Any case of physical assault in Texas is taken seriously. If you’ve been charged with domestic or family violence recently, you could face stiff penalties and the loss of some privileges.
Family Violence in Texas: An Overview
Family violence is defined by the Texas Family Code as any of the following:
1. An act by a family or household member against another family or household member that is intended to cause physical harm, bodily injury, assault, or sexual assault, or is a threat that reasonably places the member in fear of imminent physical harm, bodily injury, assault, or sexual assault, but does not include defensive measures to protect oneself.
2. Abuse…by a family member or household member toward a family member or household member’s child.
3. Dating violence… is an act committed by an individual against another individual with whom that person has or has had a dating relationship with the intent of causing physical harm, bodily injury, assault, or sexual assault, or is a threat that reasonably places the member in fear of imminent physical harm, bodily injury, assault, or sexual assault, but does not include defensive measures to protect oneself.
Family and household members cover a wide range of relationships (including some that aren’t blood or legally recognized):
- Spouses (current or previous);
- Parents who have a kid together;
- Parent and kid in foster care;
- Blood, marriage, or adoption relatives;
- Co-residents who are currently or have previously lived with you;
- Current or previous romantic or dating partners.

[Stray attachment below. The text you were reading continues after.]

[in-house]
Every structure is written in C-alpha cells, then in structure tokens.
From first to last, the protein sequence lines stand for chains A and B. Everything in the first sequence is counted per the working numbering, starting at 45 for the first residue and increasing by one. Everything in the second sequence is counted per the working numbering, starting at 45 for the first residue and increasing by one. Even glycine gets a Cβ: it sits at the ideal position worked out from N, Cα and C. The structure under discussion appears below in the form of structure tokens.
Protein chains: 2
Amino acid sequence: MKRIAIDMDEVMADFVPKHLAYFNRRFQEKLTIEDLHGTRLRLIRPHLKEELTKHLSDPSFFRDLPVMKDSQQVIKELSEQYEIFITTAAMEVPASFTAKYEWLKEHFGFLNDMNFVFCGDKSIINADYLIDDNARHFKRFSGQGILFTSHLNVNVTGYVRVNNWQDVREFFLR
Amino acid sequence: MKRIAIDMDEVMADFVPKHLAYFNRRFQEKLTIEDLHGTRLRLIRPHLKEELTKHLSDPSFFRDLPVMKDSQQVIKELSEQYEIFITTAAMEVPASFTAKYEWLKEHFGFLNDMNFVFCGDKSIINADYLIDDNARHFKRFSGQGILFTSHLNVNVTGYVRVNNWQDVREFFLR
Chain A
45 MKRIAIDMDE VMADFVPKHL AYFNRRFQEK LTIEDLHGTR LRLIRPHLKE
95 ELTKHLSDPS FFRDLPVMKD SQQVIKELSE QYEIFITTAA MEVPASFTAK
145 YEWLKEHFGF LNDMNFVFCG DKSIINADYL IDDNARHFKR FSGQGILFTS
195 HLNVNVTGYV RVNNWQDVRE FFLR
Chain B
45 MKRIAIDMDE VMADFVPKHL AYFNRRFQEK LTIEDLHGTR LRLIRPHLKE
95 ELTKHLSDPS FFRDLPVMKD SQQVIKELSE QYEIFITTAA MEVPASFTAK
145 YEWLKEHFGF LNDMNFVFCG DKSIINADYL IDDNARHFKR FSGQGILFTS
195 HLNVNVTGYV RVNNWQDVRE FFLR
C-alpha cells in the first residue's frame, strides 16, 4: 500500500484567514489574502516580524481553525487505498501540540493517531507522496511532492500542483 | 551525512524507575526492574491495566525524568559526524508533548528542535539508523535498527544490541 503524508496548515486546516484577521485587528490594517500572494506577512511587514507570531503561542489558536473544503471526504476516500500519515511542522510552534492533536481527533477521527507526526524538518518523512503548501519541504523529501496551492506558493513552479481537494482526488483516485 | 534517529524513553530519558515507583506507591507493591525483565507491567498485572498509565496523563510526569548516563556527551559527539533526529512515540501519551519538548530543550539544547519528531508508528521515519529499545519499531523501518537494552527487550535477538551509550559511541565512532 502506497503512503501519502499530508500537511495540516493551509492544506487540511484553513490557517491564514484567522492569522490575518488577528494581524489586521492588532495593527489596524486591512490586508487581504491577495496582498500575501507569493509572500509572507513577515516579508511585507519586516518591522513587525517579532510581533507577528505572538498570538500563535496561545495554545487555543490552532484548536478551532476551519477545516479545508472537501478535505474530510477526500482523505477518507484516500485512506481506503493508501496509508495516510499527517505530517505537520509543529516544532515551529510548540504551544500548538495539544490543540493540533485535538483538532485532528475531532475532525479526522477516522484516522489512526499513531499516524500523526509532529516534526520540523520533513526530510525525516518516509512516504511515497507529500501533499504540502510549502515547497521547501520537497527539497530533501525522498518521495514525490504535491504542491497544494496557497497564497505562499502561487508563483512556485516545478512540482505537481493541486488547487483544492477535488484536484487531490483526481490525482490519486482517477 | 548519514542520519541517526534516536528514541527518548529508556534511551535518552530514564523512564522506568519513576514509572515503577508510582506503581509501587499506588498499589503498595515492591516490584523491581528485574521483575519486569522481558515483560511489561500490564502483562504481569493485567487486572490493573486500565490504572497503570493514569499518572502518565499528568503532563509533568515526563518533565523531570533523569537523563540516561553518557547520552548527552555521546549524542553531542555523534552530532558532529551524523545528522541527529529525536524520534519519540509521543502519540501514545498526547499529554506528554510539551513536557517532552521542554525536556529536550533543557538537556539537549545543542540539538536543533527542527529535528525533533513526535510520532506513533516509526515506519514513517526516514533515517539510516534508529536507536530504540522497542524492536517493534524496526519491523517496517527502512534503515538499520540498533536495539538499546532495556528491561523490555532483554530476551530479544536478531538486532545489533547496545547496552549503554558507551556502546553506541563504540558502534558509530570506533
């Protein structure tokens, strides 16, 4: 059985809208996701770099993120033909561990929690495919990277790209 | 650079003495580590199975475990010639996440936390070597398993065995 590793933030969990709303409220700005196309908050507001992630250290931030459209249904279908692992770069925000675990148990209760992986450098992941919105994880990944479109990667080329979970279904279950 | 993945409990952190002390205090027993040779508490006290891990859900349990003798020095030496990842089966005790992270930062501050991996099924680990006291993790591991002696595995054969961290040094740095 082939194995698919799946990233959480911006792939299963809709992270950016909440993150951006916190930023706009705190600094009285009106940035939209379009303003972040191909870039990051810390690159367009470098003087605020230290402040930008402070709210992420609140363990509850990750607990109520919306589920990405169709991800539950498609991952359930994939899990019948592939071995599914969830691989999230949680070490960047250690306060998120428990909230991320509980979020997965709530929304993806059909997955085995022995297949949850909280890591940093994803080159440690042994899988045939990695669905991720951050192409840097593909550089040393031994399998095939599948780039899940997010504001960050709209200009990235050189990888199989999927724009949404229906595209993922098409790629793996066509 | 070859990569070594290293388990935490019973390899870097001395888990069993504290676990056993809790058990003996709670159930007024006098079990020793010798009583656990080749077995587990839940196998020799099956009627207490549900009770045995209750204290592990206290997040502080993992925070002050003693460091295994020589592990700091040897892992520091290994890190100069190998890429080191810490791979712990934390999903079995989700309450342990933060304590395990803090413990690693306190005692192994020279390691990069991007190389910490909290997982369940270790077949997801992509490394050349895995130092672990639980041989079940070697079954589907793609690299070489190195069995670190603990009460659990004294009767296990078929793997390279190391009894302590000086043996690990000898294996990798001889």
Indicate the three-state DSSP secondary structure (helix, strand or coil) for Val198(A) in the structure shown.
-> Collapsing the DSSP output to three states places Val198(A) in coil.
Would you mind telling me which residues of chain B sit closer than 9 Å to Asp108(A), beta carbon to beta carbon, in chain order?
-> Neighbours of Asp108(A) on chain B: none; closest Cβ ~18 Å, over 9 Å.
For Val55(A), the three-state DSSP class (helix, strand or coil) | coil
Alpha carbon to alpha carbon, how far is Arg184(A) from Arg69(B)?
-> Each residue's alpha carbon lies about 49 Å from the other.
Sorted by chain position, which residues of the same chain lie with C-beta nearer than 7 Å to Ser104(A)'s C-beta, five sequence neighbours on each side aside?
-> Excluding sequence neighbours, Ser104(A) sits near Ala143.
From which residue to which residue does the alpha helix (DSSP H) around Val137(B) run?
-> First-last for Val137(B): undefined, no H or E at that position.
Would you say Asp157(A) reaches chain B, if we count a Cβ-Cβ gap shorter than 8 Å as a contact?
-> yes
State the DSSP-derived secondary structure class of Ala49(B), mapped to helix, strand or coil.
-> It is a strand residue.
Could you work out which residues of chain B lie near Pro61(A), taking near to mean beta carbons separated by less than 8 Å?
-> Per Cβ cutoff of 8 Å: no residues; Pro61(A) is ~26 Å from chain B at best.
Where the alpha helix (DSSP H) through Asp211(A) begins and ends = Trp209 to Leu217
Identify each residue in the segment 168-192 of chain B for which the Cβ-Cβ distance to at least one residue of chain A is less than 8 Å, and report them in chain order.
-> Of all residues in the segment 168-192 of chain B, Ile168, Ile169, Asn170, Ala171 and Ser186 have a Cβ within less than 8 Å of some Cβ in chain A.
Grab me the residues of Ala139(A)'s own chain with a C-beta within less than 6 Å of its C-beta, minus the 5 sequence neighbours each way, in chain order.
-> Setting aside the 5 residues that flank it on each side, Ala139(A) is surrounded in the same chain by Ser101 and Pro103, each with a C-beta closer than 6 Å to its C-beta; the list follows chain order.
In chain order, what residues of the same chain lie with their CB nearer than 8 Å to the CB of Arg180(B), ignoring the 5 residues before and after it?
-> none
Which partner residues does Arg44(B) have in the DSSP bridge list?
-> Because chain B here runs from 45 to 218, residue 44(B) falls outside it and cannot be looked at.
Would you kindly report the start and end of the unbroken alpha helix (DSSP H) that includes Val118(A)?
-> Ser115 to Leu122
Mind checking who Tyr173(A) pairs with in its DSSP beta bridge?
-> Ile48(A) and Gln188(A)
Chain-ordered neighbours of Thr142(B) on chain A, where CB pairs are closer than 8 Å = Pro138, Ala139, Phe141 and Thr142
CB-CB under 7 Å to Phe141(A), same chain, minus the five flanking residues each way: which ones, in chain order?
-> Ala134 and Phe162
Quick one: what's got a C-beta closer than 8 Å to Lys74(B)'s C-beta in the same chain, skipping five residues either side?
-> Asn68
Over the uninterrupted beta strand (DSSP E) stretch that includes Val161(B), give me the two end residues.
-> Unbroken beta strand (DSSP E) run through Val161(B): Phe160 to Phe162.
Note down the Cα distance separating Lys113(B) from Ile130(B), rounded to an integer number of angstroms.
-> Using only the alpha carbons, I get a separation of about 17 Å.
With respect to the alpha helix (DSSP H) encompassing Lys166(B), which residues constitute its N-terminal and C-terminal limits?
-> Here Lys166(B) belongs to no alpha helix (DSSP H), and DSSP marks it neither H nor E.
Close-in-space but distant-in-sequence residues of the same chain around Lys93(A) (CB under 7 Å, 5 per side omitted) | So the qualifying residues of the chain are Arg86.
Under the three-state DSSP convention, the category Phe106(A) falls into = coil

Assault in the Home
A person may be found guilty of assault if they commit any of the following acts:
- Intentionally or recklessly injuring another person’s body;
- Intentionally putting another person at danger of bodily harm;
- Making intentionally provocative or offensive touch.
If any of these behaviors are carried out by family and household members, an assault accusation may be escalated to domestic assault. Domestic assault charges can be either misdemeanors or felonies, depending on the circumstances.
Aggravated Domestic Assault
To be classified as aggravated domestic assault, a crime must result in substantial bodily injury to another person and/or entail the use or display of a lethal weapon (ie. firearm, baseball bat, rope, certain large knives). Broken bones, amputation of a limb, or any damage that necessitates hospitalization are all examples of “severe physical harm.”
Domestic assault charges vary from a second-degree felony to a first-degree felony for aggravated domestic assault.
Continuous Violence Against the Family
Committing two or more domestic attacks in a twelve-month period is considered continuous violence against the family.
It’s vital to understand that previous domestic attacks do not have to result in an arrest or a guilty verdict in order for you to be convicted of family violence. Both violations do not have to be committed against the same individual.
In Texas, domestic violence is classified as a third-degree crime.
What if I Was Falsely Charged with Domestic Violence?
A conviction for family violence carries severe consequences, including a criminal record, a prison sentence, a no-contact order, and the loss of certain firearm privileges. If you believe you have been wrongfully accused of assault or domestic violence, our staff will work tirelessly to uncover the facts and clear your name.
Ray Hindieh knows what you’re up against and what it takes to win a fight as a former prosecutor. If you’ve been charged with domestic abuse, call 214-Release (214.960.1458) to reach Hindieh Law, PLLC, and claim your free initial consultation with our experienced Dallas family violence defense attorney.